The small group of negatively correlated genes which were called “inverse dosage effect” genes (Birchler and Veitia, 2012; Veitia et al., 2013) could be potentially interesting, due to their negative effect of the regulator to cancel the positive effect of the change in gene dosage on the total expression levels. In the following, we investigated the molecular function and biological pathway of the potentially small group of significantly inverse dosage effect genes with the DAVID Functional Annotation Tool (https://david.ncifcrf.gov/tools.jsp). After the orthologous genes in A. thaliana of those negatively correlated genes were submitted to the DAVID, by using the Arabidopsis genome gene list as background, the genes involved in proteolysis and/or macromolecule catabolic process (GO: 0006508, GO: 0009057) were highestly over-represented, followed by those for translation and/or ribosome (GO: 0006412, GO: 0005840; Table S4).
Dosage-Dependent and -Independent Genes Expressions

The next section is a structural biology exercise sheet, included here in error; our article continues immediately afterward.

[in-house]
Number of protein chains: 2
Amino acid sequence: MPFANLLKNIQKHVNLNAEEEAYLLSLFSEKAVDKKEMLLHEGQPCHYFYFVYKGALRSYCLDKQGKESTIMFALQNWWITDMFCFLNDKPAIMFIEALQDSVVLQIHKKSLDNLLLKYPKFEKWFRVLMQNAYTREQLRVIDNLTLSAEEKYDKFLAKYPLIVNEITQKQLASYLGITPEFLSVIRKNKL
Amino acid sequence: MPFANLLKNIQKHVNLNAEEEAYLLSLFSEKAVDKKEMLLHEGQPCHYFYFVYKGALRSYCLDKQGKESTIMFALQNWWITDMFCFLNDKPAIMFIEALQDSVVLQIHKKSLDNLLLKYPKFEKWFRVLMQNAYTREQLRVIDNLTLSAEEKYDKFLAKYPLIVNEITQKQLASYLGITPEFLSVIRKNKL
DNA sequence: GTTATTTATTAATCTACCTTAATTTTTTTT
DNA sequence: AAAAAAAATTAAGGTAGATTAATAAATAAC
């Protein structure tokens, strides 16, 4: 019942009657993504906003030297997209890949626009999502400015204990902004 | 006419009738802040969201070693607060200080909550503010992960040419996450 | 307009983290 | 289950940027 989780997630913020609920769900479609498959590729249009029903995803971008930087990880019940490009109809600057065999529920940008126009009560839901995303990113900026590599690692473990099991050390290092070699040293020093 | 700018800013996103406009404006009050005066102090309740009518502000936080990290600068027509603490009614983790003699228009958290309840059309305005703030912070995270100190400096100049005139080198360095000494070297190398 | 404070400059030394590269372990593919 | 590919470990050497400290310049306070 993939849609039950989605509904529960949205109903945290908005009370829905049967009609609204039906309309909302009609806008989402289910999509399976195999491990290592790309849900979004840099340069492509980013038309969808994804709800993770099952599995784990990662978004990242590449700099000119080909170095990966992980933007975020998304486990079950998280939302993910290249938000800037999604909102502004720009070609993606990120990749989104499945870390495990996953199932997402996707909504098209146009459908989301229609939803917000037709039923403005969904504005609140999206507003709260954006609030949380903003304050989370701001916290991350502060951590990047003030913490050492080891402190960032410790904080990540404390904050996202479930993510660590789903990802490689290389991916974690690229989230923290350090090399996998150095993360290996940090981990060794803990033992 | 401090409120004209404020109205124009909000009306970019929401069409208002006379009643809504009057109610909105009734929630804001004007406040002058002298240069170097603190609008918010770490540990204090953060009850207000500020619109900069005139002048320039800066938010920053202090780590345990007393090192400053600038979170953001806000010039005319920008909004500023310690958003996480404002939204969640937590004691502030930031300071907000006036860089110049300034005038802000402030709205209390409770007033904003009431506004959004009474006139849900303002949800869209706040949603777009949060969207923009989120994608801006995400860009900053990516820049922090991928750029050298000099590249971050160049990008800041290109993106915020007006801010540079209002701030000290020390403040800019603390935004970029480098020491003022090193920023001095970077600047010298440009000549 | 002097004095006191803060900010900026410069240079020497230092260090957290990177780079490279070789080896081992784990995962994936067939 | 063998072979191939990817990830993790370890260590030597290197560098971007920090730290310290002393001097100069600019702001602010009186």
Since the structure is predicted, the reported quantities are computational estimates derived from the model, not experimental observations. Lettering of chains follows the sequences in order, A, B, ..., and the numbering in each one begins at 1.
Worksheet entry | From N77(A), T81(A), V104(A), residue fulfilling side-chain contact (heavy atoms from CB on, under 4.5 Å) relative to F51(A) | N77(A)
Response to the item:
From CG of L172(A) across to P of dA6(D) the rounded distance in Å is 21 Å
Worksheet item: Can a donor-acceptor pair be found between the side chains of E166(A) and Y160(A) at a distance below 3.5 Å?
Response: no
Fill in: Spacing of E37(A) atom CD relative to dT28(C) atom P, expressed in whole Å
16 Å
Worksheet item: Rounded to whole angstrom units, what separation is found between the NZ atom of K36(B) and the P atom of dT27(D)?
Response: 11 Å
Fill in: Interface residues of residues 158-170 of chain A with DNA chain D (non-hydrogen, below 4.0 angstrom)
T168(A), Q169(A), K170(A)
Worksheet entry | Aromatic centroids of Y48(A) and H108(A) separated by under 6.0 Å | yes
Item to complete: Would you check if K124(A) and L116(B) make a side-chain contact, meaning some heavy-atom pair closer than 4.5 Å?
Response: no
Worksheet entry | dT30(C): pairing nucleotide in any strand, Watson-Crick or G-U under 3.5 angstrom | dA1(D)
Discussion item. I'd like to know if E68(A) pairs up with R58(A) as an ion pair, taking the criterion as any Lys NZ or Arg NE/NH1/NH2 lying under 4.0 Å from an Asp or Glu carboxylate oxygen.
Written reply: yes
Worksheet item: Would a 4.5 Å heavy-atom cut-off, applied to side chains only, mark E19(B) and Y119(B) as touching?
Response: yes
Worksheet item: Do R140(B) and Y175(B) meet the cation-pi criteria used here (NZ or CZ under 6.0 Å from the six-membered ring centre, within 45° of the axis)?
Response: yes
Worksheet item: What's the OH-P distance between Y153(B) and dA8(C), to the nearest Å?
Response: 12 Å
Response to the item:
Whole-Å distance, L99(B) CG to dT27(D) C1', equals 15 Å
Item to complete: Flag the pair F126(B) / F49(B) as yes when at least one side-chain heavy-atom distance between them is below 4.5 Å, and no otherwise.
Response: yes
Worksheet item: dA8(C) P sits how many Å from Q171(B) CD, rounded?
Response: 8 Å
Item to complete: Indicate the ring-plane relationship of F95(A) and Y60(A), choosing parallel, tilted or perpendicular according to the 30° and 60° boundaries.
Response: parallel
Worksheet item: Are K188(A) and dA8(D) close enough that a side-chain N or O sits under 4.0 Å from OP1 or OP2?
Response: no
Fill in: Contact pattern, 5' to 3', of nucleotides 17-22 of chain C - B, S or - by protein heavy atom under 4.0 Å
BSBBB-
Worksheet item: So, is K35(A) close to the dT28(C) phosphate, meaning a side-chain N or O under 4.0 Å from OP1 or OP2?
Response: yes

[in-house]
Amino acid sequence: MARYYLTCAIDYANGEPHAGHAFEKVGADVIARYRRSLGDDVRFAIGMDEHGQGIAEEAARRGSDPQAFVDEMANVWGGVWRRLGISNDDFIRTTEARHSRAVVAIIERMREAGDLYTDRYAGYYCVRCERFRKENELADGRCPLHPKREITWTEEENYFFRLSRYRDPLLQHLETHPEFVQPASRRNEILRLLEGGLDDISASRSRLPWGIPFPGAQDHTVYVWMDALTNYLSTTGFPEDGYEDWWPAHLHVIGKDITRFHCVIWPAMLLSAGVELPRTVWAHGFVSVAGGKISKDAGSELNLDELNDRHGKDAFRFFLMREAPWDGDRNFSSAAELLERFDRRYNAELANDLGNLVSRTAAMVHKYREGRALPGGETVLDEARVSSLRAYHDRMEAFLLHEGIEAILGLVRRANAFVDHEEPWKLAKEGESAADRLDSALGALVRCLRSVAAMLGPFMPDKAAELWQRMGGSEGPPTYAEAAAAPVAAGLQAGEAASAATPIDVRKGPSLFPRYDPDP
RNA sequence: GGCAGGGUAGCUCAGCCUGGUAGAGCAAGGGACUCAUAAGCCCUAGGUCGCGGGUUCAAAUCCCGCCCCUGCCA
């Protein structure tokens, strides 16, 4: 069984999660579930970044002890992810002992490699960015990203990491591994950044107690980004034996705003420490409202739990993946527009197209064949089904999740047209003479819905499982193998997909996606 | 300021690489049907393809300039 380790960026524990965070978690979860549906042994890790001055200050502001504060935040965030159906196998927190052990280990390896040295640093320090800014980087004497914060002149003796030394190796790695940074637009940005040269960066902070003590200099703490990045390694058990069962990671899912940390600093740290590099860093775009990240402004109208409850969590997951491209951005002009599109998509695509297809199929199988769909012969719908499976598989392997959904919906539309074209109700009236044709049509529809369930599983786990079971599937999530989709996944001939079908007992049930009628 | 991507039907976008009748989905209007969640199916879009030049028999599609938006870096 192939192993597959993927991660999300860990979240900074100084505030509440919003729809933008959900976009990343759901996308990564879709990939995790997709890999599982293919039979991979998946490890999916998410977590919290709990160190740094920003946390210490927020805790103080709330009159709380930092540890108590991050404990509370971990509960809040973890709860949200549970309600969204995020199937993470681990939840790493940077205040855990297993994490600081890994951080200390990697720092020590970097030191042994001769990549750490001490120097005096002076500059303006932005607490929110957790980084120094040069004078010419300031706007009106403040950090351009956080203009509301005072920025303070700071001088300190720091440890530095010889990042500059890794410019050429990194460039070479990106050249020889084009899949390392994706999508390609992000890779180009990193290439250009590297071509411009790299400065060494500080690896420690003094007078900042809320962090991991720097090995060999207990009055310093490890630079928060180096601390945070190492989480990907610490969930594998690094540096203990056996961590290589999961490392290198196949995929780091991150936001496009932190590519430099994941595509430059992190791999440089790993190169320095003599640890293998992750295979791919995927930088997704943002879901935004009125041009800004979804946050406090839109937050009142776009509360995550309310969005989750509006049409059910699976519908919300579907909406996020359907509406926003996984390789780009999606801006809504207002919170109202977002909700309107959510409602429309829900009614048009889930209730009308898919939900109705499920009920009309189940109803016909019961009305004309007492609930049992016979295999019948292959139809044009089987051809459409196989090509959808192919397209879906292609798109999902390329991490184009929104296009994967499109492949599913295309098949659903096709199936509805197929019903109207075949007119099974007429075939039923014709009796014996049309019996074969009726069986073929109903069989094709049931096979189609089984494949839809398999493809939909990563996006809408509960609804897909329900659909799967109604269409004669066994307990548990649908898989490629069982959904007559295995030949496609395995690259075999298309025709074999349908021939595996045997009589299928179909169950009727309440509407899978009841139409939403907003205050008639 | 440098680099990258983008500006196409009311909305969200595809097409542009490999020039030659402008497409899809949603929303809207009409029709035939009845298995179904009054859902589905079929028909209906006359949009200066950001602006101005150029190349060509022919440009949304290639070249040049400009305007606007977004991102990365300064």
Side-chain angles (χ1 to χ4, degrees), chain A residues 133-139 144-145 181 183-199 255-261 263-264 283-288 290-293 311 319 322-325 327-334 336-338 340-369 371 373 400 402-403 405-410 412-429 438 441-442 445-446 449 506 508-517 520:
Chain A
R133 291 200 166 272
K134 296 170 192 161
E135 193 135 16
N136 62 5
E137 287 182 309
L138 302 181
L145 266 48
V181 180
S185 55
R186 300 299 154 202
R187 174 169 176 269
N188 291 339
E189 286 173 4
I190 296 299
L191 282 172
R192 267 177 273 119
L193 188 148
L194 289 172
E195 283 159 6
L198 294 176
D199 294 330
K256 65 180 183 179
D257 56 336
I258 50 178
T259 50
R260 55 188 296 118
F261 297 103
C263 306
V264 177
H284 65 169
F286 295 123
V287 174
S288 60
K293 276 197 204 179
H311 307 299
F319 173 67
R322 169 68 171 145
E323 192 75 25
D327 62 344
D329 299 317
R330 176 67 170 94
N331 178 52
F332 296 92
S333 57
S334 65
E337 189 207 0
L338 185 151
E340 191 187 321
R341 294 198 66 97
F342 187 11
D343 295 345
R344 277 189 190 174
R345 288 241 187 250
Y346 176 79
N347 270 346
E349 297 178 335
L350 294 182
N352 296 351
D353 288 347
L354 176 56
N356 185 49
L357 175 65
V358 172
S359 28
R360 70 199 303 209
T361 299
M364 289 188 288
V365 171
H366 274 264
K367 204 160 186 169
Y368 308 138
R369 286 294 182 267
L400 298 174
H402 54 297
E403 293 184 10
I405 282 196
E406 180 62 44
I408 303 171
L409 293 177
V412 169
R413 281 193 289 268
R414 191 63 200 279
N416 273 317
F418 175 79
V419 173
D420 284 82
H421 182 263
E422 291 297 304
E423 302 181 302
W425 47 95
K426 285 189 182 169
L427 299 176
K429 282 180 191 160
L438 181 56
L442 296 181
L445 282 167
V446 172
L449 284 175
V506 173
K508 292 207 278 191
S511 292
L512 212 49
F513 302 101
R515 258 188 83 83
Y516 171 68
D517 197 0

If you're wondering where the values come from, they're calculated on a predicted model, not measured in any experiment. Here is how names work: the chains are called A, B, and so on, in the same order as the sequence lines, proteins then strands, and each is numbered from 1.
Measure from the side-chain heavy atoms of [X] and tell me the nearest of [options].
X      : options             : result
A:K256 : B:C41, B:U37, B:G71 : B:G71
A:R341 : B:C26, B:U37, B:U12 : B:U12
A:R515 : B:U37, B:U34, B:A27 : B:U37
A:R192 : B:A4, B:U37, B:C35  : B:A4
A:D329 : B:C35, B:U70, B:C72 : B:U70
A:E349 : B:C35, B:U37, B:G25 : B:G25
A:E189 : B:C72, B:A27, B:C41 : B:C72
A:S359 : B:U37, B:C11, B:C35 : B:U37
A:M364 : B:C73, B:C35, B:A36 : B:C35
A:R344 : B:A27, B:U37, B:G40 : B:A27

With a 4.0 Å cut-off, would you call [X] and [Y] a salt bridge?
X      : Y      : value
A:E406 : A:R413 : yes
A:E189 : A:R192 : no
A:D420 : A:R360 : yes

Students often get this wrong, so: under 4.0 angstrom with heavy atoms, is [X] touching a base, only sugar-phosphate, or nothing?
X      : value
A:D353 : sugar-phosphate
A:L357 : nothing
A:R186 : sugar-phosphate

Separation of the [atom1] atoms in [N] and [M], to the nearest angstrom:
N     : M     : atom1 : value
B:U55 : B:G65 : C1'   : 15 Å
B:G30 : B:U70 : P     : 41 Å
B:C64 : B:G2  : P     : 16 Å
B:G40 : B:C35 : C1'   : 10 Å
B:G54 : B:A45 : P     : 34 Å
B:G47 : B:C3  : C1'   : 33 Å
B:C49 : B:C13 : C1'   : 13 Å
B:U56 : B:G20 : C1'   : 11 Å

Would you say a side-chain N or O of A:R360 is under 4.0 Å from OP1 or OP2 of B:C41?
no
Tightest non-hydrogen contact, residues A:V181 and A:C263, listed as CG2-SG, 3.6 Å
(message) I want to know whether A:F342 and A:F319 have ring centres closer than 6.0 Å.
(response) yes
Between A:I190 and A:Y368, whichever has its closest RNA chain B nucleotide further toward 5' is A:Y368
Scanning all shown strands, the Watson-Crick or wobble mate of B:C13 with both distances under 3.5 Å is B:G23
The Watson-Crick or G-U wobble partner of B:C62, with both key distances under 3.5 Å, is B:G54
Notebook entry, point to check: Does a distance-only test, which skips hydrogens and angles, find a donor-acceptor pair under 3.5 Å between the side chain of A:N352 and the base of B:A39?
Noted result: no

In order to study the effects of the relative dosage balance, coefficients of determination (R2) between dosage and expression level were used to quantify the strength of dosage effects on expression. High R2-values indicated that the gene expression levels and dosage changes were strongly correlated, and the corresponding genes were defined as dosage dependent. On the contrary, genes with low R2-values were called dosage-independent, suggesting that the expression level was weakly correlated with the dosage changes. For example, for dosage dependent BnaA10g21130D, an A-subgenome gene with R2 = 0.9996, expression levels were 6.32: 3.96: 2.87: 2.85: 1.69, close to 1: 2/3: 1/2: 1/2: 1/3. In contrast, for dosage independent gene BnaC05g12440D (R2 = 2.39E-9), the gene expression levels were 96.35: 71.47: 94.49: 71.31: 99.86, far from 1: 2/3: 1/2: 1/2: 1/3 (Table S3).